In light of the fact that a doe would eat a piece of raw bacon after kindling, and I would assume that she would not naturally be inclined to eat it otherwise, maybe the cannibalism is sometimes due to nutritional deficiencies. That has provided more insight to the question than I have ever had before, when it all seemed to be only speculation.
 

gentle giants

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I have only had my does eat kits that were born dead, or died right after birth. I had heard a long time ago, I don't remember where, that this was a way for the doe to keep her nest clean. For a wild rabbit, to let the dead kits stay in the nest could bring disease, and to put them outside the nest could attract predators to the nest. I just figured it was an instinct left over from their wild days.
 

chubbers422

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Dolores Lindvall wrote:
Rabbits can very well eat their kits. I don't breed any more, but I used to have a ton of rabbits. And this would happen every once in awhile. Then an old time breeder told me that if that happenedto put a little piece of raw bacon in with the doe,she would eat that andshe wouldn't eat her babies. It worked. I would imagine that hormonal changes affect everyone differently. I've worked with hogs, and have seen some sows and gilts eat their tiny babies, too. It usually happens right after giving birth, so that's why I think it's a hormonal thing.

Hmm... I've been told that a hog will eat it's young if it has a problem... true? lol. I'm with my horses, so... yeah.



Rachel & Chubbs :bunnydance:
 

Dolores Lindvall

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Yes, they will. Sometimes the piglets were not completely dead when I would get to work. Very, very rare ina 1000 sow unit would they attack, kill and eat the babies except during or shortly after the birthing process. In the hogs it was "blamed" on a fever the sow was running during and after the birthing process. I suppose there is that possibility with rabbits, too. I never had any does eat their kits who were already dead. But, I usually made an inspection of the nest boxes a couple of times a day and removed any dead ones.

The old time breeder who told me about the bacon said that he thought it was the salty taste combined with hormonal changes. I think that just about everyone who has ever bred rabbits has seen a case where the doe became to vigorous in cleaning a new born, and ended up eating it. It might happen once with a doe and never happen ever again. It might happen often with a particular doe. It may never happen. (The same applies to the hogs.)


 

Maureen Las

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Wow that bacon "thing " is really something I never heard of..sort of gross but if it works that what is important. I adopted a rabbit about 2 months ago that passed a piece of tapeworm the day after he was neutered. Believe me I was really grossed out . The vet treated him with Drontal (worming for kittens) and heisfine. I didn't know how a rabbit could get a tapeworm but maybe from contaminated feed or eating something outside............or maybe his mother ate bacon :elephant:
 

SAS

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As far as I know, tapeworms come from the pet swallowinga flea that has tapeworm larvae. People can only get them by ingestinginfected fleas as well.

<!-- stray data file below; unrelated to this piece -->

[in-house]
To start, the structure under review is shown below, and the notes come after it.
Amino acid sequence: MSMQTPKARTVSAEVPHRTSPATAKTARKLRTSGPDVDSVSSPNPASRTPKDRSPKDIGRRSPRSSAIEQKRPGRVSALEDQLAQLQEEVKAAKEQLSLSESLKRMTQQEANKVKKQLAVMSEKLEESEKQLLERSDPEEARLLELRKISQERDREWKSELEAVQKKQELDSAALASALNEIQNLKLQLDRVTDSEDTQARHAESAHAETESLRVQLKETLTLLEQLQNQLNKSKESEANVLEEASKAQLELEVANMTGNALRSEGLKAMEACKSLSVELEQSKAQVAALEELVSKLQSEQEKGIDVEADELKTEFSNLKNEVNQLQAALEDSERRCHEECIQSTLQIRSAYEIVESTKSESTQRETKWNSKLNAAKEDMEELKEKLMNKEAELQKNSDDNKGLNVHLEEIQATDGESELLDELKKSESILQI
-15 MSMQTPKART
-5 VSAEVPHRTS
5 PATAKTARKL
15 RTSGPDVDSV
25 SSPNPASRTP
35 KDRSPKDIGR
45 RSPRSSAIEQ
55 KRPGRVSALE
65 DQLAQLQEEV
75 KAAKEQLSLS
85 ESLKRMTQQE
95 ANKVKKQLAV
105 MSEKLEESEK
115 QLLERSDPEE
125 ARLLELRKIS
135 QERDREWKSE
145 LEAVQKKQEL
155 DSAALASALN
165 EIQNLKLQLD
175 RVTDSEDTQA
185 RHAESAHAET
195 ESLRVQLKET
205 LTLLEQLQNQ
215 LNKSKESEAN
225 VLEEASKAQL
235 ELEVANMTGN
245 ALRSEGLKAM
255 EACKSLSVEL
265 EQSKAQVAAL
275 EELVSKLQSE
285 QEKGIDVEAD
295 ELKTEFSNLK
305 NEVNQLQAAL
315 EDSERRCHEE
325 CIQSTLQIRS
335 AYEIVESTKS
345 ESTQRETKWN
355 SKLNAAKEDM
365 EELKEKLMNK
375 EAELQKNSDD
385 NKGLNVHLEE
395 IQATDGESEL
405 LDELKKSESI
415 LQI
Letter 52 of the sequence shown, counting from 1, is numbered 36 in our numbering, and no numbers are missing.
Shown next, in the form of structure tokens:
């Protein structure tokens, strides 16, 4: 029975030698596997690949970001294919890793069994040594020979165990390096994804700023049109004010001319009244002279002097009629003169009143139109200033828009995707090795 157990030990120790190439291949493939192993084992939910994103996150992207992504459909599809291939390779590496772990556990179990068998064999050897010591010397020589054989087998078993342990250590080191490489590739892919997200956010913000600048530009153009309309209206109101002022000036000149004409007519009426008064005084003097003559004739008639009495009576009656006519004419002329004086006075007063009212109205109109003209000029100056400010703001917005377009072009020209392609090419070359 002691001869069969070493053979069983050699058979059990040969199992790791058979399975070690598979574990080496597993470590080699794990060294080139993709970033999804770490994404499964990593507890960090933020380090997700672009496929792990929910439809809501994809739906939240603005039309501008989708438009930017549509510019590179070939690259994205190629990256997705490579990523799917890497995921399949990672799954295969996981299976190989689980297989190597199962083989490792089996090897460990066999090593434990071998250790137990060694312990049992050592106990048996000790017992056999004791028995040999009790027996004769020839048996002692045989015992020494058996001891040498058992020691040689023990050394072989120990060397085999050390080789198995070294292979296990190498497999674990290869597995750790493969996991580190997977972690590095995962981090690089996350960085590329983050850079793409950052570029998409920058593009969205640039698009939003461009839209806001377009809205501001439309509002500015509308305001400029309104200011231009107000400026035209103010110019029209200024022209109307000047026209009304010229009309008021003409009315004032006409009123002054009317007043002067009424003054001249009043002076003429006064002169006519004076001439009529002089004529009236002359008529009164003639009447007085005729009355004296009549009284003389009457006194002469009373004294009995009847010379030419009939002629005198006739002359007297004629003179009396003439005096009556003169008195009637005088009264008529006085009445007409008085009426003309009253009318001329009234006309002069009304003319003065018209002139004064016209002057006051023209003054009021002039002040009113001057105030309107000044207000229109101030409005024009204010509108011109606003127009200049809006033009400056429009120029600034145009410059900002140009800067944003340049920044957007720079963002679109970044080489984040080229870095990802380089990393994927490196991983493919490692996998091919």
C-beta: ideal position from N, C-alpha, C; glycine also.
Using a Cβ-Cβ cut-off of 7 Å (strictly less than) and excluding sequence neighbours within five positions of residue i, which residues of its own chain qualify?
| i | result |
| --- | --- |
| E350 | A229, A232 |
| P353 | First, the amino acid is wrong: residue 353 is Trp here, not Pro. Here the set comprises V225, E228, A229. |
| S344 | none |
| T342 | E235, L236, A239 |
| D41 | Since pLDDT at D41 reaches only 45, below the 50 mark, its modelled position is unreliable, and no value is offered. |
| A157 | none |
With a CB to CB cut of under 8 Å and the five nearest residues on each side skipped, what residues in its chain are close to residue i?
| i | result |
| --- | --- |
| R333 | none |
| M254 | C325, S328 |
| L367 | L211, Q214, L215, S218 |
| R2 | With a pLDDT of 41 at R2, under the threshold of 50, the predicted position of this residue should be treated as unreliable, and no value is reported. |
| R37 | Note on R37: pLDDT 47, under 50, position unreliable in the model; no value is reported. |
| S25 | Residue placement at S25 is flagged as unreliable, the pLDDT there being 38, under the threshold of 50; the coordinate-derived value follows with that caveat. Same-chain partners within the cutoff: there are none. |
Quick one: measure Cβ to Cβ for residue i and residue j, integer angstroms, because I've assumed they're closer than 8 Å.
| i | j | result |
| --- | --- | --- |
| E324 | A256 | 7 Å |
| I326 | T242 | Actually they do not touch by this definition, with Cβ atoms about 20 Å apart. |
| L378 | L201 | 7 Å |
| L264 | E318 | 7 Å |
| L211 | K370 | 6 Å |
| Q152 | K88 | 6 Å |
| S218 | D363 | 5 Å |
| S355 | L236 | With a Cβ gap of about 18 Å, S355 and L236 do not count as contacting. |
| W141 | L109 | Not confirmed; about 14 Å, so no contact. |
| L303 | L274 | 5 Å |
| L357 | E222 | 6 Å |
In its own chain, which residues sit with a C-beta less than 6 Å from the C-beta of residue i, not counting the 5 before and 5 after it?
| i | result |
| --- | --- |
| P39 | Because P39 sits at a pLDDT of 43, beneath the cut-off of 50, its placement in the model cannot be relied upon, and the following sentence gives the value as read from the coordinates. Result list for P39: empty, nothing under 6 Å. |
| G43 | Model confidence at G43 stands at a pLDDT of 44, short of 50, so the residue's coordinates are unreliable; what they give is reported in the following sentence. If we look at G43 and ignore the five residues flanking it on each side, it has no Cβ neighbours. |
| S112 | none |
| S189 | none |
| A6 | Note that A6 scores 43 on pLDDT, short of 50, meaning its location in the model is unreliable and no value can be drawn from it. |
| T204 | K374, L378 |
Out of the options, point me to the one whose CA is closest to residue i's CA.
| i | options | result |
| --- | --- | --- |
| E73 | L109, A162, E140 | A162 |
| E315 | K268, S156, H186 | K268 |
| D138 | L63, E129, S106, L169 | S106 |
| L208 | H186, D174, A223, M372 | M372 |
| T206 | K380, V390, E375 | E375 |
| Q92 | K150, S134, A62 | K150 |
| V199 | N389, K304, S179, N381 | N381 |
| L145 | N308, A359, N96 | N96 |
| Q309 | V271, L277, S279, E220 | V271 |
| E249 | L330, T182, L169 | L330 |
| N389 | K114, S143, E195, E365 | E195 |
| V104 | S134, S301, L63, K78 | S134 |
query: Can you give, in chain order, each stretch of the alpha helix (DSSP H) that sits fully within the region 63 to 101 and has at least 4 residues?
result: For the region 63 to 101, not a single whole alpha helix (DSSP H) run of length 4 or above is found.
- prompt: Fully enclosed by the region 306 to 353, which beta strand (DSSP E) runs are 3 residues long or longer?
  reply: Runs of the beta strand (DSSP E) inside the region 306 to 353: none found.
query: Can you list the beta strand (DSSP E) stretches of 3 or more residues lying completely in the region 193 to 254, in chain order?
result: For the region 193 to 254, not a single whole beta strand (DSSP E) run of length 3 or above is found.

The bacon might attract maggots though.

SAS :vomit:
 

bunnydude

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Hmmm... this is an interesting thread. I never knew that they would outright eat their kits. I have, however, heard that new mothers sometimes accidentally bite off ears or paws while grooming the kits.
 

Maureen Las

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I was fearful that I could have gotten a tapeworm from Rudy (the bunny) so I called the nurse clinician at a good hospital and said "you're not going to have heard this one before....."She did a computer search on the rabbit tapeworm, taenia pisiformis,and said that a human had never been documented to getting that particular tapeworm. I was relieved because I am down on the floor kissing his face, picking up poops off the rug etc.......however my dog ate Rudy's poops and the vet said that I should look for little whitish things (like rice ) in my dogs stool..so far I haven't seen any. If a dog chased down and ate a rabbit I think that is a sure way for the dog to get a tapeworm....next subject "eating Young" I don't think that it is really uncommon in animals. I know that hamsters are notorious fort his if there nest is bothered at all. Anyway if bacon is cured can tapeworm eggs survive the process? Somehow I don't really think that a rabbit is going to get a worm from a little bacon.
 

Maureen Las

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SAS I love the puking emoticon:vomit::vomit::vomit:We finally have an opportunity to use it.
 

alfie and angel

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bunnydude wrote:
Hmmm... this is an interesting thread. I never knew that they would outright eat their kits. I have, however, heard that new mothers sometimes accidentally bite off ears or paws while grooming the kits.

My first ever rabbit, bigwig, had no earsbecause his mum ate them- I remember crying at school because I brought him in to give a talk on rabbits and all the other kids laughed at him having no ears!

At the time I thought he was traumatized because of the no-ears jokes but looking back I suppose he was more traumatized about being taken to a school-ful of rowdy kids - poor bigwig

:foreheadsmack:
 

Maureen Las

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Alfie and angel...that story about your first rabbit is really sad, :(:(sad for him that he had no ears and sad for both of you because you were laughed at..it must be a bad memory from childhood.
 

huntress

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The bacon might attract maggots though.
You don't leave it in long enough to attract maggots. And you only use maybe a quarter to a half piece at a time. Take it out the next morning, if she didn't kindle you put in a fresh piece.